While it’s been said many times before, the automotive electrical environment is tough! As demonstrated in Figure 1, the nominal battery voltage of an automobile can vary from -12VDC, under reverse battery condition, to +125VDC due to load transients and inductive field decay. Factor in wide variations in operating temperature, numerous interconnections and an open environment that is subject to possible ESD damage from human interactions, and you have an operating environment that is far more challenging than, for example, that of the consumer market segment.
The automotive industry demands cost-effective and fully reliable solutions but this potentially destructive environment poses a huge challenge to the power semiconductor devices needed for the myriad of control functions that are now commonplace in modern automobiles.
Power semiconductors such as standard MOSFETs have been proven to be insufficiently rugged for many automotive applications. Inductive spikes and load dumps are transients that require either larger MOSFETs or external clamps to absorb the energy that would otherwise destroy the MOSFET. Both of these options add to the cost and complexity of discrete designs.
Self-protected MOSFETs, as developed by Diodes Incorporated, address this issue with monolithic circuit topologies that incorporate clamping and other protection features to provide a more reliable and lower cost/smaller size solution for driving relays, LEDs and other inductive loads.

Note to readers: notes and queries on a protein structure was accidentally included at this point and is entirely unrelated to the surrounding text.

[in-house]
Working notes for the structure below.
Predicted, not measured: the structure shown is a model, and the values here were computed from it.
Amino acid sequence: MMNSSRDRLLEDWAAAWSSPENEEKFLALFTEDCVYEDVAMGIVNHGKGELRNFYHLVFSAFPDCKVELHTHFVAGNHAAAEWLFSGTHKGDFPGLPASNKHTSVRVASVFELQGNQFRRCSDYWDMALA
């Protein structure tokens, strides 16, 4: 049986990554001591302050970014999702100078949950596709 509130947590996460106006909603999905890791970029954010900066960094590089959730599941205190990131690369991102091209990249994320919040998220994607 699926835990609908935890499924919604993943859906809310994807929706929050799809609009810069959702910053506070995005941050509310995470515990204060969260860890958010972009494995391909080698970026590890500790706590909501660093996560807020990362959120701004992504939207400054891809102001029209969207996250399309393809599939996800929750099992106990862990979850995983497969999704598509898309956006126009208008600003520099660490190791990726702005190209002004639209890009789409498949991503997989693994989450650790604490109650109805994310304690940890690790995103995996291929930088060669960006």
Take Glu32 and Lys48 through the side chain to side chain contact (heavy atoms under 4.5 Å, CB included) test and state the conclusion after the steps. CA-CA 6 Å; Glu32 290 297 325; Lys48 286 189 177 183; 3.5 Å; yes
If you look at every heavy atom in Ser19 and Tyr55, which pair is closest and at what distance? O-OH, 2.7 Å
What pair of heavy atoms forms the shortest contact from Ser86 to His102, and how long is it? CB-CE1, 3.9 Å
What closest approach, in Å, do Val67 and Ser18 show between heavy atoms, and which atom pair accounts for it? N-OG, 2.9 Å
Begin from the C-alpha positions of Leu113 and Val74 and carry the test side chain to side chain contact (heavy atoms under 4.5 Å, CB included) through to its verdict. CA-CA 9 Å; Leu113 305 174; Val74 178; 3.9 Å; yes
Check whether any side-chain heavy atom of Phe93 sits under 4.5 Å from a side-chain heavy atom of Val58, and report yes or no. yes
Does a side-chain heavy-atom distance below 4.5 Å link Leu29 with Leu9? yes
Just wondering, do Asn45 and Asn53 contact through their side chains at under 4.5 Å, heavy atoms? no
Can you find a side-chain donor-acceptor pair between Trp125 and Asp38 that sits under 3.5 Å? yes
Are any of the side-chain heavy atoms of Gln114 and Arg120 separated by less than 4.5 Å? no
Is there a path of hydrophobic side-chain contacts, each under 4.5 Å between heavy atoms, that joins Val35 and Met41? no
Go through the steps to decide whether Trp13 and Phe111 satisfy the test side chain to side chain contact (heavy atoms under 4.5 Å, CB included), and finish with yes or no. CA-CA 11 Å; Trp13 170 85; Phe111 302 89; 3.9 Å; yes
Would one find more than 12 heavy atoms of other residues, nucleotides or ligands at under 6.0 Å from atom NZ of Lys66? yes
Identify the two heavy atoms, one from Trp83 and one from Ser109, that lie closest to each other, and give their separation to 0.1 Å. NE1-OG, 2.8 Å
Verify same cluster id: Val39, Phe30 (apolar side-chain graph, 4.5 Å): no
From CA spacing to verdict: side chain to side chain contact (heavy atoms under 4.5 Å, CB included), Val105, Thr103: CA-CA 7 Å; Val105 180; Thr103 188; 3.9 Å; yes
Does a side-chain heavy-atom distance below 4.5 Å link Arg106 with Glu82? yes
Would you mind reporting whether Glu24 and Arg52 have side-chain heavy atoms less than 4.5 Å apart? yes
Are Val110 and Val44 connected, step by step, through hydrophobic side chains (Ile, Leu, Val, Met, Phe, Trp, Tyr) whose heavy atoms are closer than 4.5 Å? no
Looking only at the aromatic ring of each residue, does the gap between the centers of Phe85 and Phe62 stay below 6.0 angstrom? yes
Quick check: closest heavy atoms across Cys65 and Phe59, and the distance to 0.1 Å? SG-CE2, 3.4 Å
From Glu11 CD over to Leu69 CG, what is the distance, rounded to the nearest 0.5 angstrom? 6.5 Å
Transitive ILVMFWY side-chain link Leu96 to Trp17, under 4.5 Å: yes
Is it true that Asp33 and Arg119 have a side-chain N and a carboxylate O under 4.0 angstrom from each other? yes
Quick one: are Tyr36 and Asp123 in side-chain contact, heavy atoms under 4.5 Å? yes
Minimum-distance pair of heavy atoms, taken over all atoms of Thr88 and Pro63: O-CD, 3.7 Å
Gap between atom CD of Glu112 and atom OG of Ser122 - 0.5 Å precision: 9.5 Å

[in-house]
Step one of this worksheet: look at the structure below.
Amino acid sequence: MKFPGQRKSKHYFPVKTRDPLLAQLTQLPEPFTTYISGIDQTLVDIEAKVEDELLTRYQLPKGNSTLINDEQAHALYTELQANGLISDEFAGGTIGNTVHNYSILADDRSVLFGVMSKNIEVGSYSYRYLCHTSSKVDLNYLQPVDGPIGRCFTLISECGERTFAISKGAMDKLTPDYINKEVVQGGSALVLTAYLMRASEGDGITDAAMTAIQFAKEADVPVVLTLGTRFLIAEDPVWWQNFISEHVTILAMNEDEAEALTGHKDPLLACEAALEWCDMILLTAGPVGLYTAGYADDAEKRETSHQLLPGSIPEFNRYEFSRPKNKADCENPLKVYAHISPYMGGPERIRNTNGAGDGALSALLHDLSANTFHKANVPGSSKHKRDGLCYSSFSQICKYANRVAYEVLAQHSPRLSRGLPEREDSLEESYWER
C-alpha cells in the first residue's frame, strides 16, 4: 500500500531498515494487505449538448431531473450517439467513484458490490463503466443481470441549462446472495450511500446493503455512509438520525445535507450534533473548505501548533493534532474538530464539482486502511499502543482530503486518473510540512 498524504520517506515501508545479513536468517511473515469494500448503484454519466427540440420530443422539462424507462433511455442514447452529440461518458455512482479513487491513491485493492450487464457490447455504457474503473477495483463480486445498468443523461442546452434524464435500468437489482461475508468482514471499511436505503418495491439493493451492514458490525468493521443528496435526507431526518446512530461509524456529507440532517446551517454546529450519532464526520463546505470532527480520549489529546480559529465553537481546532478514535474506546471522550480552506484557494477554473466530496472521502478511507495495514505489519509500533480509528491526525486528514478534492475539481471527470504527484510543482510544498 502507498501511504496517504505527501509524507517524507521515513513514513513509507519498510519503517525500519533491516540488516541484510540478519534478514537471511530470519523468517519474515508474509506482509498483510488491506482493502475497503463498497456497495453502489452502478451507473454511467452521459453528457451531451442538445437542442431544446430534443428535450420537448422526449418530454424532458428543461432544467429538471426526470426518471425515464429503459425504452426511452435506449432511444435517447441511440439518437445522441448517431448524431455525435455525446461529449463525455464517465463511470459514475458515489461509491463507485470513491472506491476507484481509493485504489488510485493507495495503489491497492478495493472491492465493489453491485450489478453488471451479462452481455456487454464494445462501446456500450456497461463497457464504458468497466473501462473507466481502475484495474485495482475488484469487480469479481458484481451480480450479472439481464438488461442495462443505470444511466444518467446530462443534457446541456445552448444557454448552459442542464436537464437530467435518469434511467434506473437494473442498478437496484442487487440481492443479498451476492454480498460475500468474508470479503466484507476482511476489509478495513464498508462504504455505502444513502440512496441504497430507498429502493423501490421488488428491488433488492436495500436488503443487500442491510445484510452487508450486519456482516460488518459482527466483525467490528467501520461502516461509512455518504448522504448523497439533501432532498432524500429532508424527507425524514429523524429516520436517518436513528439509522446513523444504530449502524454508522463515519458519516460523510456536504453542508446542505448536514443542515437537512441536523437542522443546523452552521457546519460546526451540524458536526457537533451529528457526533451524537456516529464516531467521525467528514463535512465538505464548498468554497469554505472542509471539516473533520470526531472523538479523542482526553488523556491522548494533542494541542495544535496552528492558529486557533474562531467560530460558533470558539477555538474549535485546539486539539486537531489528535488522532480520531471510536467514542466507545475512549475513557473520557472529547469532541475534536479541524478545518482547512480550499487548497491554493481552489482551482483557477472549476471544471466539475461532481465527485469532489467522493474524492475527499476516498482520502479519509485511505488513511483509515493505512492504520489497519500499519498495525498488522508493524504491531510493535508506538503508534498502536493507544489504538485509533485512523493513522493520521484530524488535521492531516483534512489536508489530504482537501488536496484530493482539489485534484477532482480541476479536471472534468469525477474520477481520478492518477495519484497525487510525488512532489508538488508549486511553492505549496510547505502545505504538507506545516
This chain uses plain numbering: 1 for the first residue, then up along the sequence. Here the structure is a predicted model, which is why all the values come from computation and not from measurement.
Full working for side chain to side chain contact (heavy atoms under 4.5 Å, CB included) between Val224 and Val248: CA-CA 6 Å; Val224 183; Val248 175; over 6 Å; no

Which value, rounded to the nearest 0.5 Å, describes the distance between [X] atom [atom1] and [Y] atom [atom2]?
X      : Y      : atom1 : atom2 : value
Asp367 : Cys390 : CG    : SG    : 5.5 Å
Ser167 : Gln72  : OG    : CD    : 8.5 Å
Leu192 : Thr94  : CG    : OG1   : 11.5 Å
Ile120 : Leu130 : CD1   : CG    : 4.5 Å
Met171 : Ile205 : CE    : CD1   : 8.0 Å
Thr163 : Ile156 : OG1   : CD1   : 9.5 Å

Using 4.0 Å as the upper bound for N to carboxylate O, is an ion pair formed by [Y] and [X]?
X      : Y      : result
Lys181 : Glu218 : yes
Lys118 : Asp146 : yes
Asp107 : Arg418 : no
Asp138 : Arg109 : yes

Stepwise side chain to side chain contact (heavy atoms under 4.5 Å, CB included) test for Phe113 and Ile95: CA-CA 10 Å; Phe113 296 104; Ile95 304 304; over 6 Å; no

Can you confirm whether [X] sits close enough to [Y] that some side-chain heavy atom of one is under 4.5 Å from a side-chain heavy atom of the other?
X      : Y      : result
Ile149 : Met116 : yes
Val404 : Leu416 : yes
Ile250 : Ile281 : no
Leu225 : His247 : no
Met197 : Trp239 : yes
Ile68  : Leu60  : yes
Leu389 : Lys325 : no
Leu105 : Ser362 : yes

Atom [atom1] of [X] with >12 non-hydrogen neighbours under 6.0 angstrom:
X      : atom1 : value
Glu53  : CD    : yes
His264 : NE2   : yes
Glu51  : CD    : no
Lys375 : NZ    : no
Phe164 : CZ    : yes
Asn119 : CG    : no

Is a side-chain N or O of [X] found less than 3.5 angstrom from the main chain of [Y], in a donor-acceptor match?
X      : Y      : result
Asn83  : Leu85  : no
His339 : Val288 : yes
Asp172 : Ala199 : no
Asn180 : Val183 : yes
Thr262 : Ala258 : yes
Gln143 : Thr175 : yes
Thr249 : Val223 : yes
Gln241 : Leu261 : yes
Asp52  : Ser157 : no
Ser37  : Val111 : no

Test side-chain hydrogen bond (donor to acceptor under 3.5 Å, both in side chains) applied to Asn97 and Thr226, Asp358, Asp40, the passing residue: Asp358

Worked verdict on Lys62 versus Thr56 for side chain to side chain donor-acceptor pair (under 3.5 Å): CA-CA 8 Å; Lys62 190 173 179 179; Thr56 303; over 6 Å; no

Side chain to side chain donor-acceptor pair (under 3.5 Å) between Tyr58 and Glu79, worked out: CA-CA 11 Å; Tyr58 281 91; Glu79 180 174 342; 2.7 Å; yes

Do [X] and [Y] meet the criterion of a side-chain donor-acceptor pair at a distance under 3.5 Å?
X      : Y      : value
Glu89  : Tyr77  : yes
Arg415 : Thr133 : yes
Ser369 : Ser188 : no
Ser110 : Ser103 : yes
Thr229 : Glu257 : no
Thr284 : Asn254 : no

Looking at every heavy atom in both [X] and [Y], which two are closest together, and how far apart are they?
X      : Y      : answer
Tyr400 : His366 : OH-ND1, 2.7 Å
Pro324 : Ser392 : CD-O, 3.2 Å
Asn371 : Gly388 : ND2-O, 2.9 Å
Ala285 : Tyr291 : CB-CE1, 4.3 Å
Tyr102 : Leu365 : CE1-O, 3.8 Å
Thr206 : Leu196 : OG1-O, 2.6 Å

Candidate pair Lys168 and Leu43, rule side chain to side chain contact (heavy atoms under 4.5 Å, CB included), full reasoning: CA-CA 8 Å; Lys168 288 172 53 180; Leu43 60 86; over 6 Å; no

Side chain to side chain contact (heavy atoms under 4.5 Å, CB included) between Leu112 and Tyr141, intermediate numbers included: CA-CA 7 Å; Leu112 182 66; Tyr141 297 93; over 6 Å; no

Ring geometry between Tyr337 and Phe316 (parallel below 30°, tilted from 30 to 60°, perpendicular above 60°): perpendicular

To help cope further with transients, self-protected MOSFETs, such as the ZXMS6004FFQ from Diodes Incorporated, utilize a fully protected topology that incorporates over-temperature and overcurrent protection circuits. As can be seen in the block diagram in Figure 2, this is in addition to over-voltage and ESD input protection. This device leads the industry by using a small form factor SOT-23 package, 6x smaller than comparable SOT223-packaged parts.
This self-protected MOSFET uses a temperature sensor and thermal shutdown circuit to protect against over-temperature. This circuit is active when the MOSFET is on and is triggered once a threshold temperature, typically 175°C, is exceeded. This turns off the MOSFET, interrupting the current flow to limit further heat dissipation. In-built hysteresis allows the output to automatically turn back on once the device has cooled by around 10°C.
An incandescent lamp has a low resistance when off, which rapidly increases when the lamp is switched on and heats up. Overcurrent protection, effected with a current limit circuit, not only protects against fault conditions but also avoids the high in-rush current associated with the lamp’s low turn-on resistance. The current limit circuit detects the substantial increase in MOSFET drain-source voltage (VDS) resulting from an excessive load current and reacts by reducing the internal gate drive and restricting the drain current (ID). This functionality protects the MOSFET and prolongs the life of the lamp and its behavior is illustrated in Figure 3.
While these protection circuits are implemented independently, they nevertheless normally function in combination. For example, overcurrent regulation can operate for some time but may not prevent the temperature eventually reaching the threshold where over-emperature cycling will kick in.
With their built-in protection features, self-protected MOSFETs provide a cost effective solution for switching loads in a wide variety of automotive applications. Their intrinsic features increase system reliability while the small size of the SOT-23 packaged devices from Diodes Incorporated offers significant space and cost savings when compared to competitive devices.